I received several requests for any tips I might have to share on potty training. As we have successfully completed our first two weeks at potty training, I have definitely learned a lot! I read several books in the process of preparing to do this, but the best tips I found were from those who had gone before me – my mom especially. I remember the days when she trained my two younger twin siblings. She allowed them to run around on the deck and grass for several days half naked and then would just spray them off with the hose when they missed the potty chair. It worked splendidly.
Expose them well - Start by purchasing a potty chair a few months before you are ready to start training and simply begin talking about it. Allow them to sit down on it and talk about going potty and making the sounds “pss”. We found the books on potty training for kids to be fun and helpful, such as The Potty Book for Girls & Big Girls Use the Potty (of course they have companion ones for boys). We started reading these awhile back. If you can get them around others that are learning to use the potty as well that is very helpful.
Child’s potty - having her own special potty definitely was far less intimidating for my daughter than sitting on the toilet. Maybe it’s just a girl thing, but she was afraid of the toilet but didn’t mind using her potty chair. We chose the Bjorn Potty Chair because it seemed like it would be effective and comfortable for both girls and boys.
Panties/underwear – Big girl/boy underwear seems to be most effective in training as they can really experience the wetness. Cloth training pants or pull-ups are just like a diaper so it is hard to distinguish a difference. This was my mom’s advice which I am glad I followed – saved me money too! We do use cloth diapers or pull-ups for bedtime, naps and when we are out and about to prevent accidents, until they got the basics down.
Small treats- M&Ms, gummy bears, etc
Small stool – Karis loved being a big girl and having a special stool with which she could turn the bathroom light on and off and wash her hands. She can do it all with this cute little stool as it is light and easy for her to move around.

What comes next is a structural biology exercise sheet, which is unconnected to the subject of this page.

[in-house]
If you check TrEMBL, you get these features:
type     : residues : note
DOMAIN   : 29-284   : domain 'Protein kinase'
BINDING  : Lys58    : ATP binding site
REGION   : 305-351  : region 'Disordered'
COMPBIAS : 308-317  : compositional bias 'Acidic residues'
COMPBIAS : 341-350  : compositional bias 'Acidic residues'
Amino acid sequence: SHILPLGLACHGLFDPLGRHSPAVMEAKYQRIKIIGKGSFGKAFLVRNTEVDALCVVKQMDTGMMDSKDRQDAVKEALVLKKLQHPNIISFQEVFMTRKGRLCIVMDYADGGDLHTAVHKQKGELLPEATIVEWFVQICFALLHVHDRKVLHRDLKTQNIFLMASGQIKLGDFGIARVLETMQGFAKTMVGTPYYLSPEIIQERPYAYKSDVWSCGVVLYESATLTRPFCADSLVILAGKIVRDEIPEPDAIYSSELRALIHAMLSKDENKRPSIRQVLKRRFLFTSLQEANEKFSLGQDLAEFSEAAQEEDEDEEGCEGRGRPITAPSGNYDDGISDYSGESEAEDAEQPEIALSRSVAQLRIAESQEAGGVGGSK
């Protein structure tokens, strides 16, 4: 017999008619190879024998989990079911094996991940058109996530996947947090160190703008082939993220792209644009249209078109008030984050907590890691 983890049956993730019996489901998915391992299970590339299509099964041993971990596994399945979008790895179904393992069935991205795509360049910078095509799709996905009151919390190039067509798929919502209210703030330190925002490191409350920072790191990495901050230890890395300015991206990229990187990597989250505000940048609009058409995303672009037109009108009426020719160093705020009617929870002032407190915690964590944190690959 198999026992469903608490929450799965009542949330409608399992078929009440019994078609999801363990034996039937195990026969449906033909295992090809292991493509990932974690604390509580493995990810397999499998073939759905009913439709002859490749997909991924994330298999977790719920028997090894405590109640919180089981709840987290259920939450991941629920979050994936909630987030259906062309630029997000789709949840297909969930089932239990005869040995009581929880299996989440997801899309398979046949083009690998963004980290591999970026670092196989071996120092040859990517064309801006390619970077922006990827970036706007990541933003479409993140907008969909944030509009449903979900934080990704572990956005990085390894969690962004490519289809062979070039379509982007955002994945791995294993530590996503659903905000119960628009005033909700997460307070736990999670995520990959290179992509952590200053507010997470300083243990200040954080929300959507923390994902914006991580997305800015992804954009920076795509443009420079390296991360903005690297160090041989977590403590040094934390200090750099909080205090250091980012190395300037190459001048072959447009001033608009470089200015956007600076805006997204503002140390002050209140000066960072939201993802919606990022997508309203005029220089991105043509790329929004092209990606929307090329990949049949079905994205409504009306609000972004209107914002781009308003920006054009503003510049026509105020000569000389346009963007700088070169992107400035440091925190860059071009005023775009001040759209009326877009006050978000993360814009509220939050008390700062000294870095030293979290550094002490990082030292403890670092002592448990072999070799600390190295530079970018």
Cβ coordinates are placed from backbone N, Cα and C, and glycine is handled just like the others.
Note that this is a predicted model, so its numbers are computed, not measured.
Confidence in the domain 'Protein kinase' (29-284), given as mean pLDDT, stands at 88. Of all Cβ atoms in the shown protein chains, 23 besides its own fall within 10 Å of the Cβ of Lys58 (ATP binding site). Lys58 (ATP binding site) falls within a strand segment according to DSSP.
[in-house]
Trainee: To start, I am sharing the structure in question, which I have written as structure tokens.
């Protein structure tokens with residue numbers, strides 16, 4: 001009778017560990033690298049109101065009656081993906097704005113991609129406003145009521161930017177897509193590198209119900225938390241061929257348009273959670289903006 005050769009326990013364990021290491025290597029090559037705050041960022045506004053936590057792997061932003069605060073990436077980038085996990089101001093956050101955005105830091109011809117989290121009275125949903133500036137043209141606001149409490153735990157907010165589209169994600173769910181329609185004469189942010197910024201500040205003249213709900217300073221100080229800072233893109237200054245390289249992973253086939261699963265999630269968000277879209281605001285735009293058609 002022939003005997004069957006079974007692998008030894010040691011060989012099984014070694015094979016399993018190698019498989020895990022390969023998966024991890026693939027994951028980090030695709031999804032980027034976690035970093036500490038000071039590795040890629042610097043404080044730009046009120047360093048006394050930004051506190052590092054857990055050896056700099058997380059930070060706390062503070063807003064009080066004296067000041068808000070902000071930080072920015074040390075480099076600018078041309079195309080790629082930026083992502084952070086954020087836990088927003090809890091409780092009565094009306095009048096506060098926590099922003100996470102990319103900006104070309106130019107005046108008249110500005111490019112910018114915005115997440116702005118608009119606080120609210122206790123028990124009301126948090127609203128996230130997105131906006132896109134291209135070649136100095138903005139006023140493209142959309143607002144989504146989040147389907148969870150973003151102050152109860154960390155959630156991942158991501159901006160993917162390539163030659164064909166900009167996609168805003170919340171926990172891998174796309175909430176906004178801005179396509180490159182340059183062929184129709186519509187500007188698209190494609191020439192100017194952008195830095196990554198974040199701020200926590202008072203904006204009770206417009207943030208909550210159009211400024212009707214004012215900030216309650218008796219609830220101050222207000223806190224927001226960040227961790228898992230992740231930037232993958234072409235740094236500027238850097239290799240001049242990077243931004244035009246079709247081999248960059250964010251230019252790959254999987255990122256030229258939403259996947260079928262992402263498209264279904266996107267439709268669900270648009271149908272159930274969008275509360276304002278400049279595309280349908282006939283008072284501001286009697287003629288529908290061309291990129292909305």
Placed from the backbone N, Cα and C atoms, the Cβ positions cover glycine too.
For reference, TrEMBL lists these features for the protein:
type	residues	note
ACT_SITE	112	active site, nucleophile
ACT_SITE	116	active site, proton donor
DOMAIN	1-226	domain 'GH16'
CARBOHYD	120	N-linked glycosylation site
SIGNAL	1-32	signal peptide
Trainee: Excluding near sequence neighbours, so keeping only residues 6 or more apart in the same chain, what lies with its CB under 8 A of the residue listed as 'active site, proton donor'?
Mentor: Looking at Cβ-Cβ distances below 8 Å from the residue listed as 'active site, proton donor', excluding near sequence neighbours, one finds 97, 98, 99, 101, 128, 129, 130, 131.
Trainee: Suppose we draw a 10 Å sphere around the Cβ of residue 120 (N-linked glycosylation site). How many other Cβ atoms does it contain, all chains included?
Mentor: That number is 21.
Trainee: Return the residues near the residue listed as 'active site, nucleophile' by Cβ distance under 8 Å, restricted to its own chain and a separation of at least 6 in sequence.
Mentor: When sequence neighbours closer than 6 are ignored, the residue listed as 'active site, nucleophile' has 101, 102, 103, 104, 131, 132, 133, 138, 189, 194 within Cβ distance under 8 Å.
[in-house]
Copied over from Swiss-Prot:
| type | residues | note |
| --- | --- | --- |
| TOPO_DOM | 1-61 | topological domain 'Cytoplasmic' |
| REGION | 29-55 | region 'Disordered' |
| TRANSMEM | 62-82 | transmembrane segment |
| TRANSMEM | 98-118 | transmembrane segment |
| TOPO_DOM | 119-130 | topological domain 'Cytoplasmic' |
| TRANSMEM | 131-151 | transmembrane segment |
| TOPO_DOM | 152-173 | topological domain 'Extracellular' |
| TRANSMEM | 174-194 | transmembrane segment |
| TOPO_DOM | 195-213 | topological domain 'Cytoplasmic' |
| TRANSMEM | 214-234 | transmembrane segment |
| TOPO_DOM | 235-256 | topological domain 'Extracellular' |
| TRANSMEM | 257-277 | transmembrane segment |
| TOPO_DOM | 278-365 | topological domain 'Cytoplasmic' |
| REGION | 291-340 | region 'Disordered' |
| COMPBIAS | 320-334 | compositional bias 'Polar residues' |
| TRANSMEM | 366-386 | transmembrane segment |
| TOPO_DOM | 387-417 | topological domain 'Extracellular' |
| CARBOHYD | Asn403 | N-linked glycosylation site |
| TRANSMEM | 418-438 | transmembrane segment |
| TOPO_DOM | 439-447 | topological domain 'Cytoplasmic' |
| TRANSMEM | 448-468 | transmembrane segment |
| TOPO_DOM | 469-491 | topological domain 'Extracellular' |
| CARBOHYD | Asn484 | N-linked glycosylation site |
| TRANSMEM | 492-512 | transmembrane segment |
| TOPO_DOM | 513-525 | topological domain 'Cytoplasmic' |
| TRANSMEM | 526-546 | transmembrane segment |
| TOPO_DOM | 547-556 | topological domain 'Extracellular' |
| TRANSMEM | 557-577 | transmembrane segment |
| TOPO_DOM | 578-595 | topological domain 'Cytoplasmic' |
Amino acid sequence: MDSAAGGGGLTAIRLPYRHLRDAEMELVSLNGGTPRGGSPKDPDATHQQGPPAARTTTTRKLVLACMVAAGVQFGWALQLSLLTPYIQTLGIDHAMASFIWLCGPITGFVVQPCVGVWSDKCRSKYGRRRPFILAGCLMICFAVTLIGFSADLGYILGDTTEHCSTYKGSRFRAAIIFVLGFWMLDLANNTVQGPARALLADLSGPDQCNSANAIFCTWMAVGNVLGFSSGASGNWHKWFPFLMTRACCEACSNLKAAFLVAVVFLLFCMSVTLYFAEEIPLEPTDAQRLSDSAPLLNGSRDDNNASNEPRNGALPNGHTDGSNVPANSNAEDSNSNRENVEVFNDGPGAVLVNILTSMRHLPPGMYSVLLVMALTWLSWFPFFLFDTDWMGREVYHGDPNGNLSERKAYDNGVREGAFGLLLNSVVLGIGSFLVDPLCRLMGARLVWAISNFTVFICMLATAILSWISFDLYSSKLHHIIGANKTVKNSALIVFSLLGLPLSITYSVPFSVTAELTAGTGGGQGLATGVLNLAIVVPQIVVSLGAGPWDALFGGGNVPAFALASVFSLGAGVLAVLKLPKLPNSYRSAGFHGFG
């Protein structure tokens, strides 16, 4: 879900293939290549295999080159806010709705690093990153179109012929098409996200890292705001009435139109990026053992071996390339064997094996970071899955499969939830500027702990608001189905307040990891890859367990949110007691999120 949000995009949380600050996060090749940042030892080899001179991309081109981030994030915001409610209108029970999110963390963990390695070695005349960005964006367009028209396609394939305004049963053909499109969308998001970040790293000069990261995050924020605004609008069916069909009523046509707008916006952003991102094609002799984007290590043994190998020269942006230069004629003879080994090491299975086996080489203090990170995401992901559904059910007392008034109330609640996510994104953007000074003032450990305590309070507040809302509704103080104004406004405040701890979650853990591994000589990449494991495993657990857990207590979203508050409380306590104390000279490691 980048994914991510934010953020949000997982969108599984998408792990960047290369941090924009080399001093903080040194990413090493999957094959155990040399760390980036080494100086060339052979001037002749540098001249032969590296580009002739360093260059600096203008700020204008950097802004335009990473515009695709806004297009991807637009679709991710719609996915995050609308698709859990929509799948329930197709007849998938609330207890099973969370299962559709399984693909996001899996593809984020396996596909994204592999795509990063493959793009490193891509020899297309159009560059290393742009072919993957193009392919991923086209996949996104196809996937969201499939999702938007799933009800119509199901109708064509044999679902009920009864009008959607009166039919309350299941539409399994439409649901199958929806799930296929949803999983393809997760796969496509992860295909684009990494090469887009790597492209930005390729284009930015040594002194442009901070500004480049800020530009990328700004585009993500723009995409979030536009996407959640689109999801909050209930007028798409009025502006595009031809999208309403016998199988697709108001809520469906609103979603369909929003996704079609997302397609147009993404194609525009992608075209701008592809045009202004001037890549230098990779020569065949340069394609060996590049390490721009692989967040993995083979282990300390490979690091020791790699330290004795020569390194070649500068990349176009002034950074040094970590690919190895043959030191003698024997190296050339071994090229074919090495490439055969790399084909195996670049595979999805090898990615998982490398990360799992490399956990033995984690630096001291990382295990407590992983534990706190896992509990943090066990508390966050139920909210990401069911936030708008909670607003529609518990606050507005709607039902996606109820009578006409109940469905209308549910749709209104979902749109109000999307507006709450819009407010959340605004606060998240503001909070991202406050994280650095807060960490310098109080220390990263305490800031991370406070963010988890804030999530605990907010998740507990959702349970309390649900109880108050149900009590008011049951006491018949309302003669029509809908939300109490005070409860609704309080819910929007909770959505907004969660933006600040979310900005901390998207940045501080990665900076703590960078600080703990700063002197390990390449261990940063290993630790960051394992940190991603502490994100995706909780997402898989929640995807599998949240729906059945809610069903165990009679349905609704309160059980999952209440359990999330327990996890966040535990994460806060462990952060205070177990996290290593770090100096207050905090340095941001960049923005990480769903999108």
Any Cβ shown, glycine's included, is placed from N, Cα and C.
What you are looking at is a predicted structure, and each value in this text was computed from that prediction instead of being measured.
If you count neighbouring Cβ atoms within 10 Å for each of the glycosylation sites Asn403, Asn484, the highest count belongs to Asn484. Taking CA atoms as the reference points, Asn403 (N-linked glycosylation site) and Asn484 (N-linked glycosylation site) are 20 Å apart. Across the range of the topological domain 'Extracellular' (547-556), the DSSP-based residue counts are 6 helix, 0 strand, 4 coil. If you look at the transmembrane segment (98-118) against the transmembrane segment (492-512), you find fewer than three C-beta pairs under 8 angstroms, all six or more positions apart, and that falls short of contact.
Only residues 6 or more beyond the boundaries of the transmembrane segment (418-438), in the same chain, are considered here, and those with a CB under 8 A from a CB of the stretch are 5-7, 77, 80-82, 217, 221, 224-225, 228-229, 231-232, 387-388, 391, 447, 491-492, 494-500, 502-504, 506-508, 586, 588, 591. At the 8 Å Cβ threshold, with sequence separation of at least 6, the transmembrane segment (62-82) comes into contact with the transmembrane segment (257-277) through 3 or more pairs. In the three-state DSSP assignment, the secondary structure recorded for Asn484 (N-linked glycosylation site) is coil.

Transitional potty seat - this is helpful but not essential. Good to keep in the car when you are out. The Primo 4 in 1 seems like a nice option here to help you simplify.
Juice, milk or special drinks – these are useful when you are trying to just get them going frequently. Keep them drinking a lot and you have more opportunities to practice on the potty.
- Start by selecting a time when you can just take a good week and focus on training. Don’t try to squeeze it in within other big events. Pull back and enjoy your little one. It really can be a fun time to build your relationship as your read lots of stories and praise and encourage them alot!
- Allow your little one to run around naked from the waist down for the first few weeks. If you can keep them outside then it is even better (thus I recommend training in the summer). We had a little kiddy pool set up on our back deck and we just spend a few days hanging out there playing in the water. For the first day, we just sat on the potty the entire day (for the most part) and read stories or let her play with my i-pod. It helped her just get the feeling of going.
- I found that she normally needed to go every 45 minutes to an hour, so I would just regularly in this time frame say it was “time to use the potty”, and most of the time she would go. If she went, we would cheer her on and reward her with a little treat. This definitely encouraged her to keep it up.